The lanky man made his way to the edge of the expansive basement, pulled a card out of his pocket and swiped it through another nondescript keypad placed against the wall. A hidden door released itself from the otherwise solid cement, the pop going unnoticed by the preoccupied audience. The man grasped the exposed edge, pulling it open and motioned for the woman to walk inside. She did so.

“Alright, alright! So here we are, where we keep the valuables. Go ahead and take a gander at what we got and who you wanna place those those lovely bills on,” smirked the man. He had followed closely behind the woman and shut the sliding door closed behind them. He now leaned back against the wall, arms crossed, as he grinned at her.

It would have been understandable if the man’s vile smirk filled her with a sense of unease. But if it had, she hid it well. Instead the woman surveyed the dimly lit and overly sanitized yet disheveled lab room. The roar from outside had been muted to a hardly audible rumble, the harsh chemical smell much stronger here.

Aside from the miscellaneous lab equipment and stacks upon stacks of syringes and powerful automatic rifles, large iron-grated cages dotted the edges of the room. She could make out shadows inside, and hear the low rattle of chains. Slowly, she paced besides each grate, peering in to make out what lay inside.

“How many options I got in here?” She called out to him. Inside the first cage a serpent-like beast lay still, its elongated body filling the room with its coils. A pair of claws, half the size of the woman’s entire body could be seen beneath the hulking strips of muscle and leathered skin. A large whiskered, reptilian face sat sunken deep within the tangled mass, jaws open like a crocodile waiting to strike. It’s silver scales seemed to shine even underneath the poor hallway lights. She moved on.

“We got seven right now. Had more yesterday, but you know how it goes,” he answered, flippantly noting the deadly nature of the so-called ‘game’.

At this point, the woman had peered inside almost every grate finally reaching the other end of the room. The last cage seemed to have been expanded to provide double the space of the others. Inside, rather than finding another fanged creature bracing itself for its next fight, she saw a monster so worn and beaten that it appeared to be dead. Vast areas of exposed bone protruded from its jaws and ribs and wings. The flesh appeared as though it had eroded long before, in sharp contrast with newer, fresher wounds it carried. Heavy breaths escaped its nostrils, the only sign that it was still alive.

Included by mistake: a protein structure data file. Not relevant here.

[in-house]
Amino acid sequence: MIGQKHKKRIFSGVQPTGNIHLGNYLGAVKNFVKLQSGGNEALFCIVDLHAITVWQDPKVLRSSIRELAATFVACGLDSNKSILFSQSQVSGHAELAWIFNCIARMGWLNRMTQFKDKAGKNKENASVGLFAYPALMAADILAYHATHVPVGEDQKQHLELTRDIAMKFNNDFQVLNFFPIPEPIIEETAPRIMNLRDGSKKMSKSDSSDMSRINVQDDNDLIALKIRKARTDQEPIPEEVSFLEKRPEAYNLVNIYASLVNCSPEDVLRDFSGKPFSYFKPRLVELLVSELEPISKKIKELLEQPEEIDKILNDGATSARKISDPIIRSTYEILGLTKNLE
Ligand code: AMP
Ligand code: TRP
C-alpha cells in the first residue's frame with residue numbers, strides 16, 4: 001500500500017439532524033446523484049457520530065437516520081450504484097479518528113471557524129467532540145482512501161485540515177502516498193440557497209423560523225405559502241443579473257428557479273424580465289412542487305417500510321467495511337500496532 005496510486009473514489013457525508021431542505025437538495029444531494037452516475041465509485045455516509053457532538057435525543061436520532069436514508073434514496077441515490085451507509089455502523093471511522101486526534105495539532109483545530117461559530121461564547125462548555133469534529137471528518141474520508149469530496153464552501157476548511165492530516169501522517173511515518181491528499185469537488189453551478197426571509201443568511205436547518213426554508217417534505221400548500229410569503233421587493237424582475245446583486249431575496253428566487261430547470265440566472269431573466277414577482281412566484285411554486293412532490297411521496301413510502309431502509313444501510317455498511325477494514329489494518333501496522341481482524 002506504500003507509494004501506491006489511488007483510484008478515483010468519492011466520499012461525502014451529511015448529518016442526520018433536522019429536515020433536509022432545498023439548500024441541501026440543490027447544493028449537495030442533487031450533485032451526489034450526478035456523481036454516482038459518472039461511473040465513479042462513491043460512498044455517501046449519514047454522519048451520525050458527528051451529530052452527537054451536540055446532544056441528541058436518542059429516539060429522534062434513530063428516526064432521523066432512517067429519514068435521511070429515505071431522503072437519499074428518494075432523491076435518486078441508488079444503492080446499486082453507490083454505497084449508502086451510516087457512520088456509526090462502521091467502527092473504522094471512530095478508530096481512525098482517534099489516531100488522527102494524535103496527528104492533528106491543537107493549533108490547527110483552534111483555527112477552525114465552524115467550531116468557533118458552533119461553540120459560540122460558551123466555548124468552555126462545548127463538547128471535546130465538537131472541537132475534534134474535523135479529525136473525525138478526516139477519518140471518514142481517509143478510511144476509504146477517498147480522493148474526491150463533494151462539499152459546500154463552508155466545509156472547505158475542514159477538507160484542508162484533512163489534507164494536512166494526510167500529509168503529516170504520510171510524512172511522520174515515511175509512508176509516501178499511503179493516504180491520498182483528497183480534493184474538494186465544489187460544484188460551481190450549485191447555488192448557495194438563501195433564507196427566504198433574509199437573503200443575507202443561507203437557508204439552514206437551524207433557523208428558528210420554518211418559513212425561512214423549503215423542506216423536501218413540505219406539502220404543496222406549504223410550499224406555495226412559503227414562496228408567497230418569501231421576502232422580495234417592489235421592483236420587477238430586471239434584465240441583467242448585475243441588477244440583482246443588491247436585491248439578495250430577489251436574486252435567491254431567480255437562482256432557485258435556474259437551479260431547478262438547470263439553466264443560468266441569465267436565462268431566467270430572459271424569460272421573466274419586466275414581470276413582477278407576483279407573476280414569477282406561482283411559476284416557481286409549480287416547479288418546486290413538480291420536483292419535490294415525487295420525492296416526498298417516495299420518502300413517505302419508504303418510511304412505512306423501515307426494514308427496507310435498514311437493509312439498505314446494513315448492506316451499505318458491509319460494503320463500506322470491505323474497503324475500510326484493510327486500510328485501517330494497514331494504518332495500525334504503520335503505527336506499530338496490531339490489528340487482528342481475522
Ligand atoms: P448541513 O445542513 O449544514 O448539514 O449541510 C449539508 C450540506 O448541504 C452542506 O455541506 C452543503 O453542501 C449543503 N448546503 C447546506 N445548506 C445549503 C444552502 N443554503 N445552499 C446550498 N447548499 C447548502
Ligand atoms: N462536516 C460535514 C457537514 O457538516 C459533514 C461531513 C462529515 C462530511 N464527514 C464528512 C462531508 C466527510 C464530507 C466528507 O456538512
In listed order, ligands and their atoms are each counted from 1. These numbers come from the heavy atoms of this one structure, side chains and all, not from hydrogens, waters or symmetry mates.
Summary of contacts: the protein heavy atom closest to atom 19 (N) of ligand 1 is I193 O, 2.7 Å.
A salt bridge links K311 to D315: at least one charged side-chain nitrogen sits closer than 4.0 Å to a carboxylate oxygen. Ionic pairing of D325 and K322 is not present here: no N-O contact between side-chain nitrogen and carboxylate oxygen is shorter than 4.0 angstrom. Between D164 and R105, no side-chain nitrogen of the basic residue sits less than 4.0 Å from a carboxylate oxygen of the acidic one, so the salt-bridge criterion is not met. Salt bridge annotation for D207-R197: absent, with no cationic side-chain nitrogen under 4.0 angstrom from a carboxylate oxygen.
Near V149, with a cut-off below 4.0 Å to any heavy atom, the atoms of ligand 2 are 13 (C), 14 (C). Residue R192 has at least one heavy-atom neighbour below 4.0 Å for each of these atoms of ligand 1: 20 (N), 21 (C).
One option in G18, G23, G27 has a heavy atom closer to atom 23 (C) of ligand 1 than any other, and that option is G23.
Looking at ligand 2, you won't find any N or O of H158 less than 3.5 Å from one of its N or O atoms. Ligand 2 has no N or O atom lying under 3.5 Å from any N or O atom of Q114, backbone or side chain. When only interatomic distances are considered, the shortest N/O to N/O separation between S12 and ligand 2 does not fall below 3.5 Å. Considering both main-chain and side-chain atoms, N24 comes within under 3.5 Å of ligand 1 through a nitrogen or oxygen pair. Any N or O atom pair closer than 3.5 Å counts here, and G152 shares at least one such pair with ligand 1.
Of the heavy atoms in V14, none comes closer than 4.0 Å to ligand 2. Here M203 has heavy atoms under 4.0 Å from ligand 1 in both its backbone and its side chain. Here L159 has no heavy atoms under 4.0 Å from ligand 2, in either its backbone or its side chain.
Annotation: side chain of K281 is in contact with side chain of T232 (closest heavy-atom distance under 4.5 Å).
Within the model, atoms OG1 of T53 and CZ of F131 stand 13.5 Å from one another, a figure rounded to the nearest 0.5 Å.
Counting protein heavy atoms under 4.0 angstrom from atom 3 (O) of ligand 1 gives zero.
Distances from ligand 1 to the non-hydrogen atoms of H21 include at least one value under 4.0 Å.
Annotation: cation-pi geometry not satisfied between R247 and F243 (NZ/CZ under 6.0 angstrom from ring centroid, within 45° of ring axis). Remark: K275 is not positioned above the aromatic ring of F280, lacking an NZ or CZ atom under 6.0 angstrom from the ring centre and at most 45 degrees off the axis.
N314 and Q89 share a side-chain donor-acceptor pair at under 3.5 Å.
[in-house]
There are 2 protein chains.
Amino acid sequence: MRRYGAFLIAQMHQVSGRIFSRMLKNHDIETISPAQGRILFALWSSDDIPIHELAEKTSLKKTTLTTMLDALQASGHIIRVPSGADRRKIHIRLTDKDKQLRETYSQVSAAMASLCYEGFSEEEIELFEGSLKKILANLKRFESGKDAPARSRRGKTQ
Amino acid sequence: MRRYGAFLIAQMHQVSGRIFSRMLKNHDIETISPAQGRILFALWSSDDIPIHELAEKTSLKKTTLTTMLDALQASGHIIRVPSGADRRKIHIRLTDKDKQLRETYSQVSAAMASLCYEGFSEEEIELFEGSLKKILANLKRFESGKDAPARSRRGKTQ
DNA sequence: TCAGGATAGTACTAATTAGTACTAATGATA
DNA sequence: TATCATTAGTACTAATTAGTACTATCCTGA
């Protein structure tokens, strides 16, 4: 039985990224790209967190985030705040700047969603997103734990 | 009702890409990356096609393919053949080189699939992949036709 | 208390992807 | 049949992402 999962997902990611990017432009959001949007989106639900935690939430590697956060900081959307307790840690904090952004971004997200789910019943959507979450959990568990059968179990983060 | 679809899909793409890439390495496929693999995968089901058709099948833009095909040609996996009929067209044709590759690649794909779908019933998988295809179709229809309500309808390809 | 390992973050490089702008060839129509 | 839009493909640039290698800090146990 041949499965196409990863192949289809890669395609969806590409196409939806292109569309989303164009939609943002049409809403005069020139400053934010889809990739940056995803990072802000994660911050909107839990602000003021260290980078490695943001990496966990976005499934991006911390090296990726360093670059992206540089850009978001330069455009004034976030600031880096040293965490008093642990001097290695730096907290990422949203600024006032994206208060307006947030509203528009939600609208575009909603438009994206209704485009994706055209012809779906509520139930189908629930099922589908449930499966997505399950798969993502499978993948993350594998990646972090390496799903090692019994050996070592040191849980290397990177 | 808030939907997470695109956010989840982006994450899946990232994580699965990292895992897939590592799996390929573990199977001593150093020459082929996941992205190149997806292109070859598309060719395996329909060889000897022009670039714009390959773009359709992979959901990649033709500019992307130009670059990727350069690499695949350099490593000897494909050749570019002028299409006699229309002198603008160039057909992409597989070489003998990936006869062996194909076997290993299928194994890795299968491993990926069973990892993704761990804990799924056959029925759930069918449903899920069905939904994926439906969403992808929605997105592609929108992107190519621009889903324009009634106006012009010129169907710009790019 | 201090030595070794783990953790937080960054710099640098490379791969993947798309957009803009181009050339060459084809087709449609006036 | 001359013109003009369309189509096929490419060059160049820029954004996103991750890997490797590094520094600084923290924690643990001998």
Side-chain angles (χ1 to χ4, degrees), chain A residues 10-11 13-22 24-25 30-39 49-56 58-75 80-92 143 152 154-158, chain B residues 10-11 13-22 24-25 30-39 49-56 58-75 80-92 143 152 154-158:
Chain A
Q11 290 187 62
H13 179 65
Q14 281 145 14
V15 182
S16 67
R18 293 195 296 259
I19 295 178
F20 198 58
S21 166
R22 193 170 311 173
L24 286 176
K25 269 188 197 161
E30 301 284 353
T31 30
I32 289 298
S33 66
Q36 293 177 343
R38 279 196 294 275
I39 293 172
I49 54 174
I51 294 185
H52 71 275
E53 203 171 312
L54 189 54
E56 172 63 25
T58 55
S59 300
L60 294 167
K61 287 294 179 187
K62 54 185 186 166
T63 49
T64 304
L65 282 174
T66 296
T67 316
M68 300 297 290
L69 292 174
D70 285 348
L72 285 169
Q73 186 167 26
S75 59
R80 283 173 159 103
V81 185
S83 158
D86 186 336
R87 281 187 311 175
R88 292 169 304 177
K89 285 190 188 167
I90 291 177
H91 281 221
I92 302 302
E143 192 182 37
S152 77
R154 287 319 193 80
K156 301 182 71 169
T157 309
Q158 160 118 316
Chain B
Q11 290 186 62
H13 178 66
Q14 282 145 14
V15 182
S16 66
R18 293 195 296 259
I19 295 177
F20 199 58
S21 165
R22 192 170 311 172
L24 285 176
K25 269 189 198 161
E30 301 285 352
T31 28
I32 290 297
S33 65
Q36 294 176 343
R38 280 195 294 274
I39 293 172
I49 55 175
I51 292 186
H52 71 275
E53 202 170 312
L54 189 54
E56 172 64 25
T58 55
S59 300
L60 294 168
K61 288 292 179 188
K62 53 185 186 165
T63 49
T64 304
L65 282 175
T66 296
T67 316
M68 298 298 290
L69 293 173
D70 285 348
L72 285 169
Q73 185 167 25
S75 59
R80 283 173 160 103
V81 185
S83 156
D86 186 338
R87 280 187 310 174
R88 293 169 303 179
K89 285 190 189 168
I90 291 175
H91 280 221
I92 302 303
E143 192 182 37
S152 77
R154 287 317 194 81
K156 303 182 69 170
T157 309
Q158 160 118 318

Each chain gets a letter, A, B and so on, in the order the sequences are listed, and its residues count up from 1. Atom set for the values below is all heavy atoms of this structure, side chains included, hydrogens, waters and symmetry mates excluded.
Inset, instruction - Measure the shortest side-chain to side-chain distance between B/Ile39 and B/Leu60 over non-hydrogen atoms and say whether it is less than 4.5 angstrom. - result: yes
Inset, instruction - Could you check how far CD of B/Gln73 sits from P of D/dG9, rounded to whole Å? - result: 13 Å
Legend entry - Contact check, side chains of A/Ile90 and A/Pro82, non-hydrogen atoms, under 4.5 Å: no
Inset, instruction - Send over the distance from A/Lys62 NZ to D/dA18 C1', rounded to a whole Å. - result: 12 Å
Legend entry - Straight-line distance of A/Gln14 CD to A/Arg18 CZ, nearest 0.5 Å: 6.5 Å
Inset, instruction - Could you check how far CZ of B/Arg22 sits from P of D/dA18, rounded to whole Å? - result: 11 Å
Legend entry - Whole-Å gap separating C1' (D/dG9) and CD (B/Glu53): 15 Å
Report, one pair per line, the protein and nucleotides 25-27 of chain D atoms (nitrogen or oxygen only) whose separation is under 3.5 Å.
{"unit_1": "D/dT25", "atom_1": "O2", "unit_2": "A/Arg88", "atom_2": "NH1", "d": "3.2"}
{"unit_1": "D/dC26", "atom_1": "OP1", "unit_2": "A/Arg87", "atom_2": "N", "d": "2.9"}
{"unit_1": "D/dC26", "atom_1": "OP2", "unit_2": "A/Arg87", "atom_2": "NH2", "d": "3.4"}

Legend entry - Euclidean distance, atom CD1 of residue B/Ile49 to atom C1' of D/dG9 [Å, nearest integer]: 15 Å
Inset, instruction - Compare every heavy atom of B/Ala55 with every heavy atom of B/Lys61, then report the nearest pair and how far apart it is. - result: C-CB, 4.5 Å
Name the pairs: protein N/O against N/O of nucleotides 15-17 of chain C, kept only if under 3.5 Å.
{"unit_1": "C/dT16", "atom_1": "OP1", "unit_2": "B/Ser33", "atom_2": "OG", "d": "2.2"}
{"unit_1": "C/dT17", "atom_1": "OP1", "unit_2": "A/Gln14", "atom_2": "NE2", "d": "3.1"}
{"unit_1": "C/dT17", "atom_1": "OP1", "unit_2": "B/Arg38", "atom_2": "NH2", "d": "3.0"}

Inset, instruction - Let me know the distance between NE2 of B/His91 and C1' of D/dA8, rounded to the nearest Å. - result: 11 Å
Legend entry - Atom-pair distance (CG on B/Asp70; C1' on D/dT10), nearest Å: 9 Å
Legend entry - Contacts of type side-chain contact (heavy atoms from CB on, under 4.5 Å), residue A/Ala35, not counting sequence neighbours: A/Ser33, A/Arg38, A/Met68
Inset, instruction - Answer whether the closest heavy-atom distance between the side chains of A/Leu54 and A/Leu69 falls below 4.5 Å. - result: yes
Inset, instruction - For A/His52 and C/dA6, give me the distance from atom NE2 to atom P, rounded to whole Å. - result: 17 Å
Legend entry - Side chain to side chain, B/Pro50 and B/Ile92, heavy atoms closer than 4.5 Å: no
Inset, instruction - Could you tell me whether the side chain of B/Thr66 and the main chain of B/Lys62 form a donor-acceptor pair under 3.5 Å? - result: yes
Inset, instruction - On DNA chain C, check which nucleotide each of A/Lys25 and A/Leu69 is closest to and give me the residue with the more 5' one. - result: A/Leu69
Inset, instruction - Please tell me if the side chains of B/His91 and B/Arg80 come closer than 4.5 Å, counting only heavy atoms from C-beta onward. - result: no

“What’s with this one?” Asked the woman. The man looked up from the scabs he had been picking on his arm.

“Oh, no. Can’t place on that one.”

“Why not?” The woman asked, not challenging but inquiring. The man slowly sauntered over to her to take a gander at the beast himself.

“We had him in yesterday. Messed up the whole thing cause he wouldn’t go down.” The man shook his head. “The chaos I had to deal with,” he muttered. “Imagine everyone’s bets on a different player. You’re supposed win some and lose some. Shit, man, when this guy never lost, half the crowd out there went nuts claiming the whole thing was rigged! Especially considered this decaying freak looked half-dead to begin with, all those missing chunks of flesh. Agh. I had some heavy duty clean-up to do. Literally too. The other guys were just...torn to shreds.”

The woman looked away from the man and back into the cage. This time she saw the countless metal bindings pinning it to the ground. It’s body stretched the entire length of the cell, making it undoubtedly larger than the others. Towering spikes protruded from its spine and along its and head and jaws. It’s wings were constricted, folding into its taut and muscular body by the constraining, over abundance of chains. Blood continued to ooze from the fresh gashes and puncture wounds that littered it from head to tail.

“Tomorrow we got a new game planned for this one. We bet on who finally gets the best of him. But like, were gonna sedate him real good before the match. Just to even out the field, you know. We’ve started him on the sedatives today,” he smugly announced, proud of his plan.

“That’s an interesting take,” she responded, her voice reflecting nothing more of her thoughts on the matter. “So in the morning, when they shift into their human guise, you just keep them here too?”